I am newbie on Python.

I run the following code on python 2.7 and I see different result when I use print or print(). What is the difference between these two functions? I read other questions e.g., this question, but I didn't find my answer.

class Rectangle:
    def __init__(self, w, h):
        self.width = w
        self.height = h
    def __str__(self):
        return "(The width is: {0}, and the height is: {1})".format(self.width, self.height)

box = Rectangle(100, 200)
print ("box: ", box)
print "box: ", box

The result is:

('box: ', <__main__.Rectangle instance at 0x0293BDC8>)
box:  (The width is: 100, and the height is: 200)
  • 4
    If you are learning Python, I suggest you to use Python 3, which has fewer surprising behaviors Nov 30, 2015 at 10:59

5 Answers 5


In Python 2.7 (and before), print is a statement that takes a number of arguments. It prints the arguments with a space in between.

So if you do

print "box:", box

It first prints the string "box:", then a space, then whatever box prints as (the result of its __str__ function).

If you do

print ("box:", box)

You have given one argument, a tuple consisting of two elements ("box:" and the object box).

Tuples print as their representation (mostly used for debugging), so it calls the __repr__ of its elements rather than their __str__ (which should give a user-friendly message).

That's the difference you see: (The width is: 100, and the height is: 200) is the result of your box's __str__, but <__main__.Rectangle instance at 0x0293BDC8> is its __repr__.

In Python 3 and higher, print() is a normal function as any other (so print(2, 3) prints "2 3" and print 2, 3 is a syntax error). If you want to have that in Python 2.7, put

from __future__ import print_function

at the top of your source file, to make it slightly more ready for the present.


This in mainly a complement to other answers.

You can see in Python 2 scripts print (var) when the normal usage would be print var.

It uses the fact that (var) is just a parenthesed expression in Python 2 with is simply seen as var so print(var) and print var behaves exactly the same in Python 2 - but only works when printing one single variable

The interesting point is that when you considere a migration to Python 3, print(var) (here the call to function print) is already the correct syntax.

TL/DR: print(var) in Python 2 is just a trick to ease Python3 migration using the fact that (var) is just an expression - the tuple form would be (var,)


In the first example you're printing tuple, but not calling print function. So the following is identical:

a = ("box: ", box)
print a

In other words, in first example you've created a tuple and printed it. Different output, for different datatypes.

There's supposed to be no significant difference between function and statement for your case, but for sake of future I'm strongly advice you to always use function (print()). However, if you're still interested in differences (not related to your case), with print function you can specify separator, end and where to output it as described in documentation.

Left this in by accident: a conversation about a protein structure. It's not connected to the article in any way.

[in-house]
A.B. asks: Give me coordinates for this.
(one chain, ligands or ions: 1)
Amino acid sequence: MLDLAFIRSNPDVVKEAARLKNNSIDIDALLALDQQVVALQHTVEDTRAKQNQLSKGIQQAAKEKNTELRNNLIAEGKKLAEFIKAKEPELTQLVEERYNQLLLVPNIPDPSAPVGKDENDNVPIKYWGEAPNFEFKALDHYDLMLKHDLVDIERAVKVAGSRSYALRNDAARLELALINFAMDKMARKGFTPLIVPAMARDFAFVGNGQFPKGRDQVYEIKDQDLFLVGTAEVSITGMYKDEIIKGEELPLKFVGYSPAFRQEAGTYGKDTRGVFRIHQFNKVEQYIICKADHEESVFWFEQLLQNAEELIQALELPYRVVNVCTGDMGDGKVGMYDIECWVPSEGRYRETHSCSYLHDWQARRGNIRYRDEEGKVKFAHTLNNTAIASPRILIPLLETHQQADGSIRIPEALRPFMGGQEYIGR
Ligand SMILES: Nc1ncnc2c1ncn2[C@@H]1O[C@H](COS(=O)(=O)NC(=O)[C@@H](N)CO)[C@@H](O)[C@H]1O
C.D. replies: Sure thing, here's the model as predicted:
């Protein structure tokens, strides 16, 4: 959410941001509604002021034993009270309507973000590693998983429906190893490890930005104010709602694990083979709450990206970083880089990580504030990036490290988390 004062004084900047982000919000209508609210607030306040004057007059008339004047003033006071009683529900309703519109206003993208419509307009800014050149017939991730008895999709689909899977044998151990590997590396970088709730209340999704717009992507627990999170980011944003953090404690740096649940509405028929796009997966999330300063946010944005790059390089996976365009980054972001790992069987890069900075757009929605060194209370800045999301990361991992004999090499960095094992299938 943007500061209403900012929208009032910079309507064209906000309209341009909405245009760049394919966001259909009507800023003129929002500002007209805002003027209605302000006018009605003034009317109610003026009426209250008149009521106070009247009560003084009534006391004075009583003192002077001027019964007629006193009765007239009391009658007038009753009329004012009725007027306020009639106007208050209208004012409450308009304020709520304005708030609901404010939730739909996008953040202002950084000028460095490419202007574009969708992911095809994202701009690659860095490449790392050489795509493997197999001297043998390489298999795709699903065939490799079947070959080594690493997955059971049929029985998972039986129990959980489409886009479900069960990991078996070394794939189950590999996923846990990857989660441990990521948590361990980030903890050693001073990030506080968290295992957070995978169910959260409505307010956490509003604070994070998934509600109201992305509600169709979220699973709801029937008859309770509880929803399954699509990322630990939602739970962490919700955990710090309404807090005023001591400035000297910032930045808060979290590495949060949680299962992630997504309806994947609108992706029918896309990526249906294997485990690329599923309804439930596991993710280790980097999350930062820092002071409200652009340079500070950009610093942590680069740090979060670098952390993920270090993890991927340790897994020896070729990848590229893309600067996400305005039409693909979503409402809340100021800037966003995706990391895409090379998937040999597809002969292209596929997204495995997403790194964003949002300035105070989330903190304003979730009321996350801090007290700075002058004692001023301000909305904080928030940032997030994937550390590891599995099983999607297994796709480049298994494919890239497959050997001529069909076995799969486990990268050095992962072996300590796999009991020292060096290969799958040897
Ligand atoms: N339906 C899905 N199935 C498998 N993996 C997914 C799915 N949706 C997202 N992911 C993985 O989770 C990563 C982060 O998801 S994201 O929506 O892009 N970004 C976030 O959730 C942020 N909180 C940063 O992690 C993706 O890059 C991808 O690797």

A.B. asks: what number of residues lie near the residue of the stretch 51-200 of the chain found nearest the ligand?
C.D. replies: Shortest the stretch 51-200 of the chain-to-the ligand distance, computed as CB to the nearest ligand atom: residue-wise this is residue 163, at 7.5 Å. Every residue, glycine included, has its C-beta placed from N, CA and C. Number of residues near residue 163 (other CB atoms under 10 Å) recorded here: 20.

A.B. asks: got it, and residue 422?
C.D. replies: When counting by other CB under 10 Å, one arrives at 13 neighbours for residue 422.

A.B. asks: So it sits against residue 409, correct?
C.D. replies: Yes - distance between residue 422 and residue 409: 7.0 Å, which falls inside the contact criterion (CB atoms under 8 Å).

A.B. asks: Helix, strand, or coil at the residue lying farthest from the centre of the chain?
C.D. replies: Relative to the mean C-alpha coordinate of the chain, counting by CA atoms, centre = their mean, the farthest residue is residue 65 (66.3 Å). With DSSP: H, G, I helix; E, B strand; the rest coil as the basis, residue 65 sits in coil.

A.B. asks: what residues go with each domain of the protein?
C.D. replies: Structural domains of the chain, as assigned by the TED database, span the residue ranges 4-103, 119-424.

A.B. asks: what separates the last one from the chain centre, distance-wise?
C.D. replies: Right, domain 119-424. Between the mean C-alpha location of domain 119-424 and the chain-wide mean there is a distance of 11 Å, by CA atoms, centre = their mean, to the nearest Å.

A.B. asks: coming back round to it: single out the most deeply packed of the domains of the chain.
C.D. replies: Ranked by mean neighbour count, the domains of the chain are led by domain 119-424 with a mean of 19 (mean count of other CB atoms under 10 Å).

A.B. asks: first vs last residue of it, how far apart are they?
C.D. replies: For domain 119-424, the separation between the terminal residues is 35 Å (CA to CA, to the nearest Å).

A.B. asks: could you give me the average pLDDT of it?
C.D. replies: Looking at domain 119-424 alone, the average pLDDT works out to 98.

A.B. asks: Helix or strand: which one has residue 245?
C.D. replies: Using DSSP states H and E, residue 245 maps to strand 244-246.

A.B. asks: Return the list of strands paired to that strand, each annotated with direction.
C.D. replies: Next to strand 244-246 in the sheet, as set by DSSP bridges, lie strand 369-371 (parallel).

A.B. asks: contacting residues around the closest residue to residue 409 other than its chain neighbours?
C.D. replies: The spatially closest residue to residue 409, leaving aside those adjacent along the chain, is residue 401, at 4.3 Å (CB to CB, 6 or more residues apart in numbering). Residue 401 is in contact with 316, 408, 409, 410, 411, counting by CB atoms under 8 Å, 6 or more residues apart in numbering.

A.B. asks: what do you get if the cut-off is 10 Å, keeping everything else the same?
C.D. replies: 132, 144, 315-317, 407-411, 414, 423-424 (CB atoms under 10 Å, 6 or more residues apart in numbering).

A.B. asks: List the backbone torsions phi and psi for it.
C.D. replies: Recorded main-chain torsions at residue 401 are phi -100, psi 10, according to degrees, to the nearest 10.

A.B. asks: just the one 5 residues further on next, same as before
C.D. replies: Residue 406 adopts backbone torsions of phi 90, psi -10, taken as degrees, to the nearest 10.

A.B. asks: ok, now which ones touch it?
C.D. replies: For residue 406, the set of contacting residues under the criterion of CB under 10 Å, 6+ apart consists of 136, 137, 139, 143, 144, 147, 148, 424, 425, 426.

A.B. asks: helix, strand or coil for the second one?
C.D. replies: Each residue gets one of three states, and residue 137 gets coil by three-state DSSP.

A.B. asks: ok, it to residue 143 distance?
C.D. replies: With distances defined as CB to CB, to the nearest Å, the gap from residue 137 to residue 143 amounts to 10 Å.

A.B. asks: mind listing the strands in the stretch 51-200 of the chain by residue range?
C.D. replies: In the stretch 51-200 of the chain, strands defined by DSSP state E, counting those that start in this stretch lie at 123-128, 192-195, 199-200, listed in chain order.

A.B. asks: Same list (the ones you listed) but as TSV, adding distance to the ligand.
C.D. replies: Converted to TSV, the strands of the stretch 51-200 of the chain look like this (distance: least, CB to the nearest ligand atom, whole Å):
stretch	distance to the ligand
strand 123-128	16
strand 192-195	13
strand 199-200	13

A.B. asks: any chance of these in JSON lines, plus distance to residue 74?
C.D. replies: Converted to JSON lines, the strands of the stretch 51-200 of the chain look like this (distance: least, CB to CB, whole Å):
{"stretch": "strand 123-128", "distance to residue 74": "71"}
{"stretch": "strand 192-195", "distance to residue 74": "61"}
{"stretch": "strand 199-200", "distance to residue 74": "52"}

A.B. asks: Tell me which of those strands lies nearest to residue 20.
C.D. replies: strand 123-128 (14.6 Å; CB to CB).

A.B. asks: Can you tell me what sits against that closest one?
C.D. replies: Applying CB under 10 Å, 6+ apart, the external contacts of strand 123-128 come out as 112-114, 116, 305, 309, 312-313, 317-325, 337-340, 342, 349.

• Thansk, but why those two different outputs?? Nov 30, 2015 at 10:48
  • The first one comes from repr(box), the second one from str(box). When you're printing a tuple, repr(...) version is used for all elements.
    – viraptor
    Nov 30, 2015 at 10:51

In Python 2.7: print is not a function, it is a keyword and acts as a special statement.

Before that, we need to learn more about tuple and expr in python2.

If we write ('hello'): it is regarded as an expression, not a tuple, it can be only be regarded as a tuple if "," is introduced.


>>> hello
a=("hello", "world")
>>>('hello', "world")
print("hello", "world")
>>> ('hello', 'world')

so in python2.7, when we use print statement with parenthesis, it is still regarded as a statement not a python function and values with parenthesis are treated to be a tuple or an expression while in python 3, print is no longer a statement it is considered to be a function.

In order to use the print function of python 3 in python2 use the following import statement,

from __future__ import print_function

In python 2.7 print() is faster than print. Here a test make with Repl.it Python Console Online :

import time

start_time = time.time()
print "lol"
end_time = time.time()
print(end_time - start_time)

start_time_2 = time.time()
print ("lol")
end_time_2 = time.time()
print(end_time_2 - start_time_2)

print((end_time_2 - start_time_2) > (end_time - start_time))

Python 2.7.10
[GCC 4.8.2] on linux
  • Wouldn't caching affect this experiment in anyway?
    – Samarth S
    Apr 2, 2019 at 2:23
  • Good point but i don't think so ! Curious, I tried this same test with the print without parenthesis on Repl.it and the print with parenthesis on tutorialspoint.com/execute_python_online.php. As result, the last is still faster. Apr 2, 2019 at 3:30

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